Writing Tip #26: Drafting a Paper
The ultimate purpose of writing drafts is to make mistakes and then correct them. Drafting is the process of writing and rewriting a paper until it is perfection. Start with writing a first draft, which will be a rough sketch of your paper concept. Then go back and reread, rewrite and make improvements. Each draft should get progressively better. Look for word usage, sentence structure, coherence, adherence to thesis, grammar issues, and proper siting and referencing.
This process means that you must begin a paper days in advance of its due date, not hours before! Build upon each draft, making corrections and revisions until you read the paper and you cannot think of another addition or subtraction that would make it more perfect.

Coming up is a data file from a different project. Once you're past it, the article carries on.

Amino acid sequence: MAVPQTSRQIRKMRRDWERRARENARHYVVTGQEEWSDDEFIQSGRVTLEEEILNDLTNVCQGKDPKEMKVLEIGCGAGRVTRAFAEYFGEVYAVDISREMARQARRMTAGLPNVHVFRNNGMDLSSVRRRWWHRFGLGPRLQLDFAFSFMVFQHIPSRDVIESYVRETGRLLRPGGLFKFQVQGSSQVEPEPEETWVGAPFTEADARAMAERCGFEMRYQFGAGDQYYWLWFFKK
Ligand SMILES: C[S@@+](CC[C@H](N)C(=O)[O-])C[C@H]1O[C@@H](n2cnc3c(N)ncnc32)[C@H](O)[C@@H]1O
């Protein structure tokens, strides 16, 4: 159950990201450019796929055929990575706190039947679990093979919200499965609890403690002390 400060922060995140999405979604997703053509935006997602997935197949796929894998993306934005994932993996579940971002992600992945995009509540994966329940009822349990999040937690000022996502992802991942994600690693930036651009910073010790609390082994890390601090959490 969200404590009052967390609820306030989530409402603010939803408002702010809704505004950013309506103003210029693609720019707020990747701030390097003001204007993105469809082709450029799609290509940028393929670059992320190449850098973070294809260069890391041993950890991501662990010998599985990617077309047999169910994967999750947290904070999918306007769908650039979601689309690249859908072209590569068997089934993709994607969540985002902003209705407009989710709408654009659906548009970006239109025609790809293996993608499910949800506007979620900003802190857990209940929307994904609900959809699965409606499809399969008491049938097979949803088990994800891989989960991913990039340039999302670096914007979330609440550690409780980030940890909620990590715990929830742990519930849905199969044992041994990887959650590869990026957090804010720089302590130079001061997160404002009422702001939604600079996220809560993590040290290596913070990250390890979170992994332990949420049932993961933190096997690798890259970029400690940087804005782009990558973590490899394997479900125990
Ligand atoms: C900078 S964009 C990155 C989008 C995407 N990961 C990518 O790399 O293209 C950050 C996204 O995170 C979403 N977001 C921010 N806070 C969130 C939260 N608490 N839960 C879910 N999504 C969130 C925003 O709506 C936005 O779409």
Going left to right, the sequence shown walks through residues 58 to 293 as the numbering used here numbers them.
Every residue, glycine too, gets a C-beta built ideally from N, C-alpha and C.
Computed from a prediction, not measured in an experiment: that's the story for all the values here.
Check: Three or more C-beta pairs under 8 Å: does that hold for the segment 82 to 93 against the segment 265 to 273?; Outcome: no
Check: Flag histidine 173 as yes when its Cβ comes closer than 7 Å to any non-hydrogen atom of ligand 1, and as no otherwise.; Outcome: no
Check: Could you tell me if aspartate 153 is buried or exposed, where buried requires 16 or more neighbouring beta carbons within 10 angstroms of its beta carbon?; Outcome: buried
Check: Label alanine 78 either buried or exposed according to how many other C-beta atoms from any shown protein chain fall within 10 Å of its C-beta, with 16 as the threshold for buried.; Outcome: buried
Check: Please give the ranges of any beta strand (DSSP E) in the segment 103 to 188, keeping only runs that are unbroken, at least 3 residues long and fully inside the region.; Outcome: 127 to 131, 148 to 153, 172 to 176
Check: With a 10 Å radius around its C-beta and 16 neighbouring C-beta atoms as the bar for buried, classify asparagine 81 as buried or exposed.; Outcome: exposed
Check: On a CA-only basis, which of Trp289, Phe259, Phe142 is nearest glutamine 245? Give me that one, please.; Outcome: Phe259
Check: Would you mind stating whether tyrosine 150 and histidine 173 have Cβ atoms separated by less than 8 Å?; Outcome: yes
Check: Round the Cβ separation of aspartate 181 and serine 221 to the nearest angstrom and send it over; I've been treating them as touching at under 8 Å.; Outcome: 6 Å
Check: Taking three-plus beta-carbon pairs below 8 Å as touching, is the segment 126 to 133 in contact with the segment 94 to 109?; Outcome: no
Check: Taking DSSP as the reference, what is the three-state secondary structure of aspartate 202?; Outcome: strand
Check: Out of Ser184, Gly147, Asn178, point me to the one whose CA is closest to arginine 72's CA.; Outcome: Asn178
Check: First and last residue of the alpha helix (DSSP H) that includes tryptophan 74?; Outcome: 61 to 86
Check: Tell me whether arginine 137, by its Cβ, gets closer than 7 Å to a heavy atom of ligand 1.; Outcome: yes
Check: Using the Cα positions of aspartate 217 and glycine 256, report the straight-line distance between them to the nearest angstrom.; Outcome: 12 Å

Three drafts is usual in the writing process, but sometimes more are used. The number of drafts is not important. What is important is that you systematically improve upon the original paper. Some writers never feel finished. They never feel that their work is perfect. If you are one of these writers, strive for the best that you can do in the time allotted. Don’t make yourself crazy over one paper because many more papers will be assigned.
A good tip is to take a break after writing your first or second draft, whether it be a coffee break, some exercise or just a few hours of not looking at it, and then come back and read it with a clear head. You may be amazed at how good (or bad) it is and be able to clearly see what needs to be done to make it a final draft.
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